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Alternatives of the pelvic sentinel lymph node migration pathway in early ovarian cancer: the simplest the best
  1. Victor Lago1,2,
  2. Marta Arnaez1,
  3. Pablo Padilla-Iserte1,
  4. Alberto Rafael Guijarro-Campillo3,
  5. Luis Matute1,
  6. Marta Gurrea1,
  7. Pilar Bello4 and
  8. Santiago Domingo1
  1. 1Department of Gynecologic Oncology, La Fe University and Polytechnic Hospital, Valencia, Spain
  2. 2Department of Gynecology, CEU Cardenal Herrera University, Valencia, Comunitat Valenciana, Spain
  3. 3Department of Obstetrics and Gynecology, Virgen de la Arrixaca University Hospital, El Palmar, Murcia, Spain
  4. 4Department of Nuclear Medicine, La Fe University and Polytechnic Hospital, Valencia, Spain
  1. Correspondence to Dr Victor Lago, Department of Gynecologic Oncology, La Fe University and Polytechnic Hospital, Valencia, Spain; victor.lago.leal{at}

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The sentinel lymph node technique in apparent early-stage ovarian cancer represents an emerging surgery, with increasing evidence published in recent years.1 Lymphatic migration from the ovary is bidirectional, but after adnexectomy it becomes unidirectional towards the pelvic and aortic field. Although standardization is not fully established, double puncture after adnexectomy and confirmation of malignancy is the most reproducible technique as it can also be applied to re-staging cases.

In our experience,2 3 there are some concerns regarding the utero-ovarian ligament injection that may lead to difficulties in its reproducibility. The retroperitoneum is usually opened during adnexal tumor resection, which can lead to a spread of the tracer. Even if protective maneuvers (eg, avoid retroperitoneum dissection, acoid leaving a gauze in the pouch of Douglas, sealing the point of injection, peritonization) are used to prevent extravasation of the tracer, the leak may persist, and this impedes localization of the pelvic lymph node.

Cervix injection for pelvic sentinel lymph node detection is widespread and commonly used in gynecological oncology, which makes reproducibility of this technique more feasible.4 Injections into the cervical and utero-ovarian ligament appear to identify the same pelvic sentinel lymph node, suggesting that the two injection sites are equivalent.

In this video the migration of a tracer from the cervix and from the utero-ovarian ligament towards the same sentinel node is showed. We present a patient with endometrial cancer (endometrioid G1, International Federation of Gynecology and Obstetrics (FIGO) IA) for whom a pelvic sentinel lymph node technique was proposed after informed consent was obtained for a prospective study carried out in our center (local ethics approval CEIM-IISLAFE 2022-790-1).

On the day before surgery, 0.5 mL of Tc-99 (6 mCi) was injected into the cervix at 6 and 9 hours. Subsequently, single photon emission CT combined with CT (SPECT-CT) images were acquired to corroborate the migration of the pelvic sentinel node (external iliac).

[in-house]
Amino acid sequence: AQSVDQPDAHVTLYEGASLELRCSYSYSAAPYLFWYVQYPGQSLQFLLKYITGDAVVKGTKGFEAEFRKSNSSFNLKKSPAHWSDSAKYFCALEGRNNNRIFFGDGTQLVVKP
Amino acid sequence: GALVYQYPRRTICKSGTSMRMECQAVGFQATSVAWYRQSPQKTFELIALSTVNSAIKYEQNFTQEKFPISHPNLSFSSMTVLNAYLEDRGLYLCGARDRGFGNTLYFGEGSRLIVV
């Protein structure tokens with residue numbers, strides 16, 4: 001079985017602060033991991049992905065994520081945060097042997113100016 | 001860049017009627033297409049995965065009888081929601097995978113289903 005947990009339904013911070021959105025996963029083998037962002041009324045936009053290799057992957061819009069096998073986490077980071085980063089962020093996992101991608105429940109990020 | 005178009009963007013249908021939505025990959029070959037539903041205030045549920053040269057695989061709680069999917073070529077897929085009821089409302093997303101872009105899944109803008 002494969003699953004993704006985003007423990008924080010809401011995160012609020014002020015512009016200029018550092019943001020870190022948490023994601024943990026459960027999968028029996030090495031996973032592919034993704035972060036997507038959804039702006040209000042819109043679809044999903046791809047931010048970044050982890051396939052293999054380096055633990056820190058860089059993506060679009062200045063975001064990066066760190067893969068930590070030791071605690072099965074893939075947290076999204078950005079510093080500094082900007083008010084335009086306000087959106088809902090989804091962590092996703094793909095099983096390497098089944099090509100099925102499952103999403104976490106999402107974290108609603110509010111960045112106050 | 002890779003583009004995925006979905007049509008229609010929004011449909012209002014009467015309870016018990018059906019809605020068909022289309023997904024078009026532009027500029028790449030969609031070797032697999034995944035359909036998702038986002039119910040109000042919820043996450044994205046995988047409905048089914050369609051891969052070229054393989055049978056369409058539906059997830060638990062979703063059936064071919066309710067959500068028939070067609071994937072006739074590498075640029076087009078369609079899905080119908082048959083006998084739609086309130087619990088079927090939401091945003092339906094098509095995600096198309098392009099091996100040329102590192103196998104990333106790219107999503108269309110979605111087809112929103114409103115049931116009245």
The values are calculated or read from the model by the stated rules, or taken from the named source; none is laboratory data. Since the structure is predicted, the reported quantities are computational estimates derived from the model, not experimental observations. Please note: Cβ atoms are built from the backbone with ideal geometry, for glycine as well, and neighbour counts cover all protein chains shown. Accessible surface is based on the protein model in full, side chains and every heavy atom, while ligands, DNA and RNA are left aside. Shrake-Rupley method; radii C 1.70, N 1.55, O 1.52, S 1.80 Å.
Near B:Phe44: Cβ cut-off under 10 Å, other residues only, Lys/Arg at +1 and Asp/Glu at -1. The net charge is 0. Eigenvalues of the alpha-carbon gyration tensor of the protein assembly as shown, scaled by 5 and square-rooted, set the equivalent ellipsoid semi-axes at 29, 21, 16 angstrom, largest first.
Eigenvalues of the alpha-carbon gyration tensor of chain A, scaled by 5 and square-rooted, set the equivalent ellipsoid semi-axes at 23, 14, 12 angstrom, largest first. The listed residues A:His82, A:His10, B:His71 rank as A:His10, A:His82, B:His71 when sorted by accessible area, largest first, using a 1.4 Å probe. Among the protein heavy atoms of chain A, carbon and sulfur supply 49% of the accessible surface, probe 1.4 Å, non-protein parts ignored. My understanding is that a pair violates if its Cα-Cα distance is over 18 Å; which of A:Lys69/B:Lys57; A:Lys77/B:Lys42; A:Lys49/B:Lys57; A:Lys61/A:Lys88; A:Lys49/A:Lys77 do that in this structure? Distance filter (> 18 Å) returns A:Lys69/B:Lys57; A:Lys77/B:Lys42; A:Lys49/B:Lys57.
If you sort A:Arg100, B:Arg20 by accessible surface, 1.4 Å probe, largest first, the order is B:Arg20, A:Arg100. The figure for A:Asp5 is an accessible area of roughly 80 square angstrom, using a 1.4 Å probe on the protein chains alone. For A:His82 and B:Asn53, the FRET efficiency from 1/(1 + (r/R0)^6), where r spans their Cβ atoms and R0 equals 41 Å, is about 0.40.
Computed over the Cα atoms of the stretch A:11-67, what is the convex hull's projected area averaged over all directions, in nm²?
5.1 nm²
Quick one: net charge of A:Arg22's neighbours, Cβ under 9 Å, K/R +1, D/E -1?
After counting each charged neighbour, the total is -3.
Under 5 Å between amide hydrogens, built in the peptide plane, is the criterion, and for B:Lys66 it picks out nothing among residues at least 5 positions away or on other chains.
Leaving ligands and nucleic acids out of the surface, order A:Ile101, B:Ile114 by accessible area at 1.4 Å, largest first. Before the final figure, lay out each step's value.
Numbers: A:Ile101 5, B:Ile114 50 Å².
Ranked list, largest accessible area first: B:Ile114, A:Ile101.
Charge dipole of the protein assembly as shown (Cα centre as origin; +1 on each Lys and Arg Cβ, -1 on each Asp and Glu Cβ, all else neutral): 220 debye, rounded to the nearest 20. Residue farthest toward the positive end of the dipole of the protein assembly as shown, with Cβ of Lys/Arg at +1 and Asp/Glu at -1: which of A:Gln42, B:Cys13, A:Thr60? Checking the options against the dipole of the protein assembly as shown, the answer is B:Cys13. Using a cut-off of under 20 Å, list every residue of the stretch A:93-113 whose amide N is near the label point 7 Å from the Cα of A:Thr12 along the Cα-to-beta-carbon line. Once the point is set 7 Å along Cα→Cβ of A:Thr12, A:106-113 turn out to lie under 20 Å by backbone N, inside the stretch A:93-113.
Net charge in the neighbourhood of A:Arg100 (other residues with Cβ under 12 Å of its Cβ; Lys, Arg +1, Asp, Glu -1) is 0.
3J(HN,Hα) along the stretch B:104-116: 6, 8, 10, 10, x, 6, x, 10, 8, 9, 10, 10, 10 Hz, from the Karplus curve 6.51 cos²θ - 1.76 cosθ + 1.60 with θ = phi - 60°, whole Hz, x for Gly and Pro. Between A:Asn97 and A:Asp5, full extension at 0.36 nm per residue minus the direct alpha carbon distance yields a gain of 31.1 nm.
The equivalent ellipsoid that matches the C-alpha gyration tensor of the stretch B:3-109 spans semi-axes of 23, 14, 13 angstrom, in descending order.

A robotic approach was used to perform the pelvic sentinel node technique, hysterectomy, and double adnexectomy. For indocyanine green injection, to reproduce unidirectional migration from the ovary to the pelvis, the utero-ovarian liament is sealed with bipolar energy prior to injection (Figure 1). Then 0.5 mL of indocyanine green diluted to 1.25 mg/mL is injected into the utero-ovarian ligament.

Figure 1

Indocyanine green injection in the utero-ovarian ligament.

Using a laparoscopic gamma probe, the location of the sentinel lymph node in the external iliac territory is confirmed. Fifteen minutes after the indocyanine green injection, migration to the same sentinel lymph node is visually verified.

Video 1 Video demonstration of double migration from cervix and utero-ovarian ligament to the same pelvic sentinel lymph node


The lymphatic migration pathway of the cervix could be equivalent to that of the utero-ovarian ligament, representing a more reproducible alternative to the utero-ovarian ligament injection technique. Nevertheless, this video represents a case report with preliminary results for a promising technique.

Data availability statement

Data are available upon request.

Ethics statements

Patient consent for publication

Ethics approval

This study involves human participants and was approved by local code: 2022-790-1 CICEIM IISLAFE. Participants gave informed consent to participate in the study before taking part.



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  • Contributors All of the authors of the present manuscript declare that there are no conflicts of interest and have actively participated in the work providing input including: (1) Substantial contributions to conception and study design. (2) Drafting of the article. (3) Final approval of the version to be published. We declare we have no conflict of interest. VL and SD are the guarantors.

  • Funding The authors have not declared a specific grant for this research from any funding agency in the public, commercial or not-for-profit sectors.

  • Competing interests None declared.

  • Provenance and peer review Not commissioned; externally peer reviewed.